Tuesday, 9 April 2013

Pancake Test



If you investigate a possible new friendship with people from another country, then make pancakes together. I've done an awful lot of bonding, while mixing eggs, flower and milk in different parts of Europe.

The best thing about pancakes is that people are very opiniated about how to best make and serve them. Something I learned early on in my expatting career. Almost eight years ago, newly arrived in England, I was invited to come and make pancakes for Shrove Tuesday,  aka Pancake Day. About five women and their children met in a church hall to prepare for the feast.
I came laden with eggs, flower and milk, only to find that all the other women prepared their mixture beforehand at home. They were puzzled when they saw the quantity of milk I was planning to use. According to kItchen guru Dehlia you should also use water, so that is exactly what they all had done, leaving them with pale, limpy fluids that were never going to turn into great pancakes.
I soon took charge of the baking and they all humoured me. That is, until it came to serving the pancakes, that had to be covered in lemon juice and icing sugar. How unusual. When I started eating my traditionally Dutch bacon and syrup pancakes they watched me with a disgusted look in their eyes, way too polite to comment. We all became great friends of course, but never ate pancakes together again.
Whilst we were living in Italy I met my lovely French friend R. who could not even contemplate pancakes, unless they were crepes. She invited me and the children over quite a bit and loved to make crepes. Crepes with cheese and ham, crepes with sugar and - everybody's favourites - crepes with Nutella. We all fell in love with her as well as with her crepes. We were careful to never offer her any of our quite ordinary pancakes.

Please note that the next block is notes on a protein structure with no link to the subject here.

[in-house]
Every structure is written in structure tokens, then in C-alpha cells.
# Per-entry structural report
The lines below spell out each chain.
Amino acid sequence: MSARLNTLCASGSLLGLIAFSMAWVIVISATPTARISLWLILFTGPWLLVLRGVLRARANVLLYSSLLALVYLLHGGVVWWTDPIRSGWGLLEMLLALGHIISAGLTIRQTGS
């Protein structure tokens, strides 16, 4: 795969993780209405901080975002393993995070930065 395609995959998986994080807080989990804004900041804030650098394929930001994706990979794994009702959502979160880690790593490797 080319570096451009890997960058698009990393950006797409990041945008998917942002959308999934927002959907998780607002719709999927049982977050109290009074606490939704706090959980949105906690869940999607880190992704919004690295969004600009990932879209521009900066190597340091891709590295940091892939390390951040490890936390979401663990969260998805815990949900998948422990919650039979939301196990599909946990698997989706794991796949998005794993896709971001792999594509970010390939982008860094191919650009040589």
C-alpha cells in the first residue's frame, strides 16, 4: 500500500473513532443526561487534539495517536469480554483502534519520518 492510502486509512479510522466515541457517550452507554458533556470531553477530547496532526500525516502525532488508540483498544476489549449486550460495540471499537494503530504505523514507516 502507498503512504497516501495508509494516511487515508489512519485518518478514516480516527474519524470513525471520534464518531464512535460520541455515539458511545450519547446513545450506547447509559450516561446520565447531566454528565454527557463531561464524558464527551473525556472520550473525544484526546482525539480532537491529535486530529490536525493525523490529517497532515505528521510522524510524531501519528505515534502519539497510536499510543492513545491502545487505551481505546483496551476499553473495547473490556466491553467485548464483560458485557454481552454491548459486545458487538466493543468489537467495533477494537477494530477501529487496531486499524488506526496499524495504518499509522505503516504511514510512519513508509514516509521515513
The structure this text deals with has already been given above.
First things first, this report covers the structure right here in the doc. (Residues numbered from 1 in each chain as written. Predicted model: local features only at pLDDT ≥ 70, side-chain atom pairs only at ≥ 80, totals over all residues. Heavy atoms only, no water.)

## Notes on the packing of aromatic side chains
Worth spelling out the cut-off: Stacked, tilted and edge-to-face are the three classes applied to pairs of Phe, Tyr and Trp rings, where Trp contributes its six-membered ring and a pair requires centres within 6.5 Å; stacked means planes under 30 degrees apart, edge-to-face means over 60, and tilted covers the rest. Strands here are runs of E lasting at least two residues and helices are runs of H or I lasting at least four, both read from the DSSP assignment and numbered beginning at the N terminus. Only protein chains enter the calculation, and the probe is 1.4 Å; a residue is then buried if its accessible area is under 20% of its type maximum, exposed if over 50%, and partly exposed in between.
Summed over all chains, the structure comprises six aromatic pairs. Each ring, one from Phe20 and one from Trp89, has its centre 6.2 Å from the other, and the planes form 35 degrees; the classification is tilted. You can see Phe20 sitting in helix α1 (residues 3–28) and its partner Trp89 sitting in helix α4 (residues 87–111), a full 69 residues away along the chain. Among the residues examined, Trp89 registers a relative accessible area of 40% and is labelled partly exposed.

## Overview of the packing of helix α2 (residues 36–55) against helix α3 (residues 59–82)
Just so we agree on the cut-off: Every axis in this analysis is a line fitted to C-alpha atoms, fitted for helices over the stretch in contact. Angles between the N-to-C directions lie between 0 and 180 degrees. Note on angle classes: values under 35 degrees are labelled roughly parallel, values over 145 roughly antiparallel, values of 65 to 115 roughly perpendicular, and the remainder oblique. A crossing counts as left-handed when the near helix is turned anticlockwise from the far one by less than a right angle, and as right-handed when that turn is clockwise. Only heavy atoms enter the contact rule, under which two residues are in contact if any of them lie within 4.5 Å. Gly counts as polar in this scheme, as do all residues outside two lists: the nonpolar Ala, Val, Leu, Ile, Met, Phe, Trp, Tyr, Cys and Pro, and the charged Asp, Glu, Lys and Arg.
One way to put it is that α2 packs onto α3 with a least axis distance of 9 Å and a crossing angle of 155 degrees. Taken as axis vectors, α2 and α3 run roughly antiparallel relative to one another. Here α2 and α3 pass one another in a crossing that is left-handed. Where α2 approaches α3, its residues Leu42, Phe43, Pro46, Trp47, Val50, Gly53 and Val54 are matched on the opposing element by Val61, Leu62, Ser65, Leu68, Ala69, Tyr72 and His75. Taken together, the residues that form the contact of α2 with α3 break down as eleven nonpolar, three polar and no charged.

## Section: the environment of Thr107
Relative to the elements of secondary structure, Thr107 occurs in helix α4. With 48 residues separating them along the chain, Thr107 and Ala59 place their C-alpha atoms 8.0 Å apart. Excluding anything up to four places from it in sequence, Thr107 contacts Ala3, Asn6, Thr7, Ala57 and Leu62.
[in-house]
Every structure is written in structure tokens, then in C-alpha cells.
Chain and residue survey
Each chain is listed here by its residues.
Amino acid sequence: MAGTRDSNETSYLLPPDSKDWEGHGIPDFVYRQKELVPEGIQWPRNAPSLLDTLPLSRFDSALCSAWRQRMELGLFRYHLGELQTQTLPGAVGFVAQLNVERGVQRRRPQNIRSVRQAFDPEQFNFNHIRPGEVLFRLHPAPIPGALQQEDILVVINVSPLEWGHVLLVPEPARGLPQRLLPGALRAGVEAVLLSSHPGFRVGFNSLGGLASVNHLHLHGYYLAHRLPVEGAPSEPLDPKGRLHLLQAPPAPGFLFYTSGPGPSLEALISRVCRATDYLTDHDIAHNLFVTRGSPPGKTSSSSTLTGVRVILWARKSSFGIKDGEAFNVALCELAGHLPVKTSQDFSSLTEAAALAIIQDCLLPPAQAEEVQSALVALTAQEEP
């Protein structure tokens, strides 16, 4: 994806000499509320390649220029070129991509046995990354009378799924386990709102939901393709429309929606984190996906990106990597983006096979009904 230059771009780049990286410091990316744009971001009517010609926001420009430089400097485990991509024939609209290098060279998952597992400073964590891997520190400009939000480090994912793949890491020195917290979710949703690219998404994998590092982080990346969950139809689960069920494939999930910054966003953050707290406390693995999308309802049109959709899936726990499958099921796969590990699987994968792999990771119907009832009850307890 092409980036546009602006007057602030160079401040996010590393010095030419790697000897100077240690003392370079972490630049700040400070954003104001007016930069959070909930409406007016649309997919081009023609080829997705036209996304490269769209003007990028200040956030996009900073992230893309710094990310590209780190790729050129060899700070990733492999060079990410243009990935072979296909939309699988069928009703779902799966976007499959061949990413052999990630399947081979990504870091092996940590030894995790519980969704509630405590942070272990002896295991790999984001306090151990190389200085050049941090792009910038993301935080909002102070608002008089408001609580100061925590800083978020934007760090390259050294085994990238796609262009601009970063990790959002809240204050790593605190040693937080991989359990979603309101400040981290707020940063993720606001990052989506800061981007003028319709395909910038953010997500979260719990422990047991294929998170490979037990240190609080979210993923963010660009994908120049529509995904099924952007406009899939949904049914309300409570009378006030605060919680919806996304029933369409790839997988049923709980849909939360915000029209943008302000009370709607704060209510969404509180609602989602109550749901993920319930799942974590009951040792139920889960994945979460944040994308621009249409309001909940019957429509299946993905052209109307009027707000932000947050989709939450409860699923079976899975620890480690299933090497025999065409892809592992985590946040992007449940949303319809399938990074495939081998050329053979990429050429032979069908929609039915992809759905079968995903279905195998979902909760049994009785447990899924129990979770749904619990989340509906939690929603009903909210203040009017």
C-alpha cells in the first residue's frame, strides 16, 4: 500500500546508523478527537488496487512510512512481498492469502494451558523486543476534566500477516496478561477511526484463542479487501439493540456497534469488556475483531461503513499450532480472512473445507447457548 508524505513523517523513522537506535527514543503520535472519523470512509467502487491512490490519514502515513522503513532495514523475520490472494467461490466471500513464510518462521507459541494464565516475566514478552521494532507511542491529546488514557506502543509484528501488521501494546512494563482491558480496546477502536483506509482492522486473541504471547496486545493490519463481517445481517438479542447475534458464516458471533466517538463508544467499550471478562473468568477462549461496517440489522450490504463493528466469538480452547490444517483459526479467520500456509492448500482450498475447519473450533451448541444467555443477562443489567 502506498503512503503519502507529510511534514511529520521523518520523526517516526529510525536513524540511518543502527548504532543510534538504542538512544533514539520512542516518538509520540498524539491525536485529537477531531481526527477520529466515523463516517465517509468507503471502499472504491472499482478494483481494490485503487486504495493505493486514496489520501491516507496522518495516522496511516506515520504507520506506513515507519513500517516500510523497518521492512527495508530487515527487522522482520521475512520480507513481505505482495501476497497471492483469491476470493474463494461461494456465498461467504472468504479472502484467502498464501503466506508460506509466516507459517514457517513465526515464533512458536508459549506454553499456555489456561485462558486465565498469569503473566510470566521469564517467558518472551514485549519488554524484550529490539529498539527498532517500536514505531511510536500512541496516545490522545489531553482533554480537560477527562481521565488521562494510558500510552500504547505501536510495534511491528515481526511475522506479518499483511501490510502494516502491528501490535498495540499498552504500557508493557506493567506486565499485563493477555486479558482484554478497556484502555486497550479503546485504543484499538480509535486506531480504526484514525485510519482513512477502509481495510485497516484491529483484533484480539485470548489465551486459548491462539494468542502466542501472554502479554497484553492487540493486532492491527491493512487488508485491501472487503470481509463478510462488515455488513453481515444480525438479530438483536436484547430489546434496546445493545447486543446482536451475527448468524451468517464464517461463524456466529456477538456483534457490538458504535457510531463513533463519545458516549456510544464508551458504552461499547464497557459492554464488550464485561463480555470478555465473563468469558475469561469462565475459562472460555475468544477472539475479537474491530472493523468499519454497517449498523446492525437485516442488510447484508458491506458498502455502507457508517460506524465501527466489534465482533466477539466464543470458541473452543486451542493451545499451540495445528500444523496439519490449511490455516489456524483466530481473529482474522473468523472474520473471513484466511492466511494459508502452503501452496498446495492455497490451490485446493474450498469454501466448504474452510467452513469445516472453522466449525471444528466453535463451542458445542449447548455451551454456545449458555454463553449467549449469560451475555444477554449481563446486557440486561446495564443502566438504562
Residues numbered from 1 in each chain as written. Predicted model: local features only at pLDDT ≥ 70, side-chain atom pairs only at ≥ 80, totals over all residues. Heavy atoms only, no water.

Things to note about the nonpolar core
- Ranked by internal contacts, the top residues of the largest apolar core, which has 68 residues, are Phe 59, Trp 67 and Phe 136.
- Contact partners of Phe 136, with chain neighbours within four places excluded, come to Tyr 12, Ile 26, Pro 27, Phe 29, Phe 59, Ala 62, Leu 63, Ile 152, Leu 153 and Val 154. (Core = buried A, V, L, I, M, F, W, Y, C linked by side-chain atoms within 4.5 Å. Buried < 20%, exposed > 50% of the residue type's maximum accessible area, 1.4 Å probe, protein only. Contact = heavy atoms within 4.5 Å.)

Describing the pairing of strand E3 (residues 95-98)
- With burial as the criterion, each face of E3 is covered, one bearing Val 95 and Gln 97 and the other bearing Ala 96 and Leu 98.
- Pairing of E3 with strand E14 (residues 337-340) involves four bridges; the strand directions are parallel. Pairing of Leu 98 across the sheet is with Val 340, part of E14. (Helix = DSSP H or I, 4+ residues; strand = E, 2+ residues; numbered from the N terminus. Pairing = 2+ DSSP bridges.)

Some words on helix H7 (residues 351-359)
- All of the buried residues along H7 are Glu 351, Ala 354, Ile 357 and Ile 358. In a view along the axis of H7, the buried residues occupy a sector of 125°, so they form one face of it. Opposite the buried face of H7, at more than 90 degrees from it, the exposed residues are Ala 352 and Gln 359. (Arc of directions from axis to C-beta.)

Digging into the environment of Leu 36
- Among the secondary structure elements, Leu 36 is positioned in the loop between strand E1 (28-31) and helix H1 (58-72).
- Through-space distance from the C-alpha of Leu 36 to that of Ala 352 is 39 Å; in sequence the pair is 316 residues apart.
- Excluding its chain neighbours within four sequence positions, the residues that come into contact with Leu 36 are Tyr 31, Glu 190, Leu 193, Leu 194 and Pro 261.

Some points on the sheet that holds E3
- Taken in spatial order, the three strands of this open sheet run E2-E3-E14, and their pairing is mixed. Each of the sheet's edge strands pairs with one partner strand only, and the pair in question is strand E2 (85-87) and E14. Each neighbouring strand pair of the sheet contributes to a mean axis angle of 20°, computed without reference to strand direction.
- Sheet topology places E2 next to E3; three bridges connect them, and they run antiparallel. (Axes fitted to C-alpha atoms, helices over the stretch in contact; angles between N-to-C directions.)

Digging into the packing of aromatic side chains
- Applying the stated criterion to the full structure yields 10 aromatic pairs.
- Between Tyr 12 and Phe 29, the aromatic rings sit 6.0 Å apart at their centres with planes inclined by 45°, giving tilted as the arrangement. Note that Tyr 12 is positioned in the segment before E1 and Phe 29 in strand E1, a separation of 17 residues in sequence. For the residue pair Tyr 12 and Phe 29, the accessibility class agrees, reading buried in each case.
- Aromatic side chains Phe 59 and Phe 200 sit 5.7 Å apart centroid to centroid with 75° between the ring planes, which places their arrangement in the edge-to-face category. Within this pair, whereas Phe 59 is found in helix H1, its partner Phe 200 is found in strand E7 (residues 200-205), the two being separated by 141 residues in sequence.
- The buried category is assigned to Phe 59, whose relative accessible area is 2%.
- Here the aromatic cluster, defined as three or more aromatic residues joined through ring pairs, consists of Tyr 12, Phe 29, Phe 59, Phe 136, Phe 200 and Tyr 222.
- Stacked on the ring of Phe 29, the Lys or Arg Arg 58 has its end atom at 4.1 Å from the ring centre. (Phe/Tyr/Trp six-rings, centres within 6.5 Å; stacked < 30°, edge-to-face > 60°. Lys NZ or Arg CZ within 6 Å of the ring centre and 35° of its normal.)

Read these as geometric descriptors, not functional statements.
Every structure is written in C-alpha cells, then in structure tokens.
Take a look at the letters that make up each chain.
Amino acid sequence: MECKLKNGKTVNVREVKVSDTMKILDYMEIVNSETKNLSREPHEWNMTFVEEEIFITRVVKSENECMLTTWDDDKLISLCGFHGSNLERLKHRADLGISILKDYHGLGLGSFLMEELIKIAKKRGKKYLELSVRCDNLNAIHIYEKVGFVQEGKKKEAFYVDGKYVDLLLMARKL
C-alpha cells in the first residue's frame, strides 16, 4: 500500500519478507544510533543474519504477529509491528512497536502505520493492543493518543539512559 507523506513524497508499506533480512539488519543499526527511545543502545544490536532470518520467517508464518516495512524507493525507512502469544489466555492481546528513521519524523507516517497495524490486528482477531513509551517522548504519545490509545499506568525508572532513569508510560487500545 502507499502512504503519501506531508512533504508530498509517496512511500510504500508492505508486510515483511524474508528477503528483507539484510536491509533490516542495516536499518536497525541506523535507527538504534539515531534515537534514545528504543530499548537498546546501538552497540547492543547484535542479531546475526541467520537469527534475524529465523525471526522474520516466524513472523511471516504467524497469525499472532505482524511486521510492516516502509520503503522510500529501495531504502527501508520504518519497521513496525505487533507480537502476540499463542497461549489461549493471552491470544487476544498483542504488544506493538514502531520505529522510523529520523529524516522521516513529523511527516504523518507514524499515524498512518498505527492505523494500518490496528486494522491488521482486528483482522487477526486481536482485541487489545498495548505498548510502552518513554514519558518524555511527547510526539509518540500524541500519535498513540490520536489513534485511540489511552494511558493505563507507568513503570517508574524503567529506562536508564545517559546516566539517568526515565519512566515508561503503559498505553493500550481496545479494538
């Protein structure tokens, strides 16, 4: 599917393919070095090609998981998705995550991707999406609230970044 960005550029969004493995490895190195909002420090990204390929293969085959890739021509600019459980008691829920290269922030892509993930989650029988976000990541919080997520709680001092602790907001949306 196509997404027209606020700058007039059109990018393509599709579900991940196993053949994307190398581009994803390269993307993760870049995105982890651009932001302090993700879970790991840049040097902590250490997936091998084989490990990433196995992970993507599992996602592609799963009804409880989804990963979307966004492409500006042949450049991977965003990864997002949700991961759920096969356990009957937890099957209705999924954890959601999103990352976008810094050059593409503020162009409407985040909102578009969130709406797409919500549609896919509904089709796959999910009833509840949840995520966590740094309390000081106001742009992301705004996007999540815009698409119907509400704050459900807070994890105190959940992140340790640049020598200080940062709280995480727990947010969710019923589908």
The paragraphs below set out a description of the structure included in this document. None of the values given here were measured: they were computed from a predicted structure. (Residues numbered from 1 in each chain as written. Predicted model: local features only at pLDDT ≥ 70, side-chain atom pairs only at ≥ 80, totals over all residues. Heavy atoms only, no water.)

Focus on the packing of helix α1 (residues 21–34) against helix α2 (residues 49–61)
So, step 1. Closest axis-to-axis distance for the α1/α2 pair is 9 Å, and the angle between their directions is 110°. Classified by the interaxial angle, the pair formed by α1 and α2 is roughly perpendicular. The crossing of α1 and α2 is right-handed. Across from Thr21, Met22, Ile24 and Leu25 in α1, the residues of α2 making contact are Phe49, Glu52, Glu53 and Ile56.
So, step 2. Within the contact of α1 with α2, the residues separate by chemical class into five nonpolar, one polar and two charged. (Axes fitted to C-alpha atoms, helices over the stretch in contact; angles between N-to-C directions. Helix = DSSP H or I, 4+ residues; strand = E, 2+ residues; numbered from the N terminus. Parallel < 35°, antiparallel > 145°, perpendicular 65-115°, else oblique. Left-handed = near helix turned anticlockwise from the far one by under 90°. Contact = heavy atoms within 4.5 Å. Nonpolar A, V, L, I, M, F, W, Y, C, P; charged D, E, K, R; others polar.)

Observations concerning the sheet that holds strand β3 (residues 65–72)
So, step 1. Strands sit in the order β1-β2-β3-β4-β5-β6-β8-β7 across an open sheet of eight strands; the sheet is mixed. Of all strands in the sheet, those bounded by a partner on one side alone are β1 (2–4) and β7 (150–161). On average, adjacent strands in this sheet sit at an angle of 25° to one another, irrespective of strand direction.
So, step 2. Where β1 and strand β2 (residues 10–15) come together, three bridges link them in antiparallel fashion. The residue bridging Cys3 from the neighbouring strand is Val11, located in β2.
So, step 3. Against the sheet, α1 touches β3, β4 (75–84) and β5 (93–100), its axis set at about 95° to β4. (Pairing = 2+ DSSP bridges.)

Those we served up when my son's Spanish friend J. came for tea. He loved pancakes. So much so, that when my children had long since left the table, he was still munching his way through huge quantities of the sugary treat. After a while he would order in advance, to make sure I could shop for flower, milk and eggs before he came round.
Switzerland has so far been a pancake poor experience. That is until my last week, when my very efficient American friend and her children came round. Without ever consulting me, she walked in with a huge bag of fruit and started peeling and chopping away. Every kind of fruit under the sun got it's own little bowl. It soon became obvious why noone wanted any bacon, cheese or apple on their
pancake.
Americans top their pancakes with fruit. Blueberries and bananas drenched in mapple syrup. And also strawberries and raspberries, topped with may be a little cream. It turnes the whole pancake extravaganza  into an almost healthy meal. I love it. Next time my friend tells me I could even include walnuts. Even better.
Now all I can do is hope that our return to the motherland, doesn't mean the end of my pancake adventures. I so love them. And pancakes too.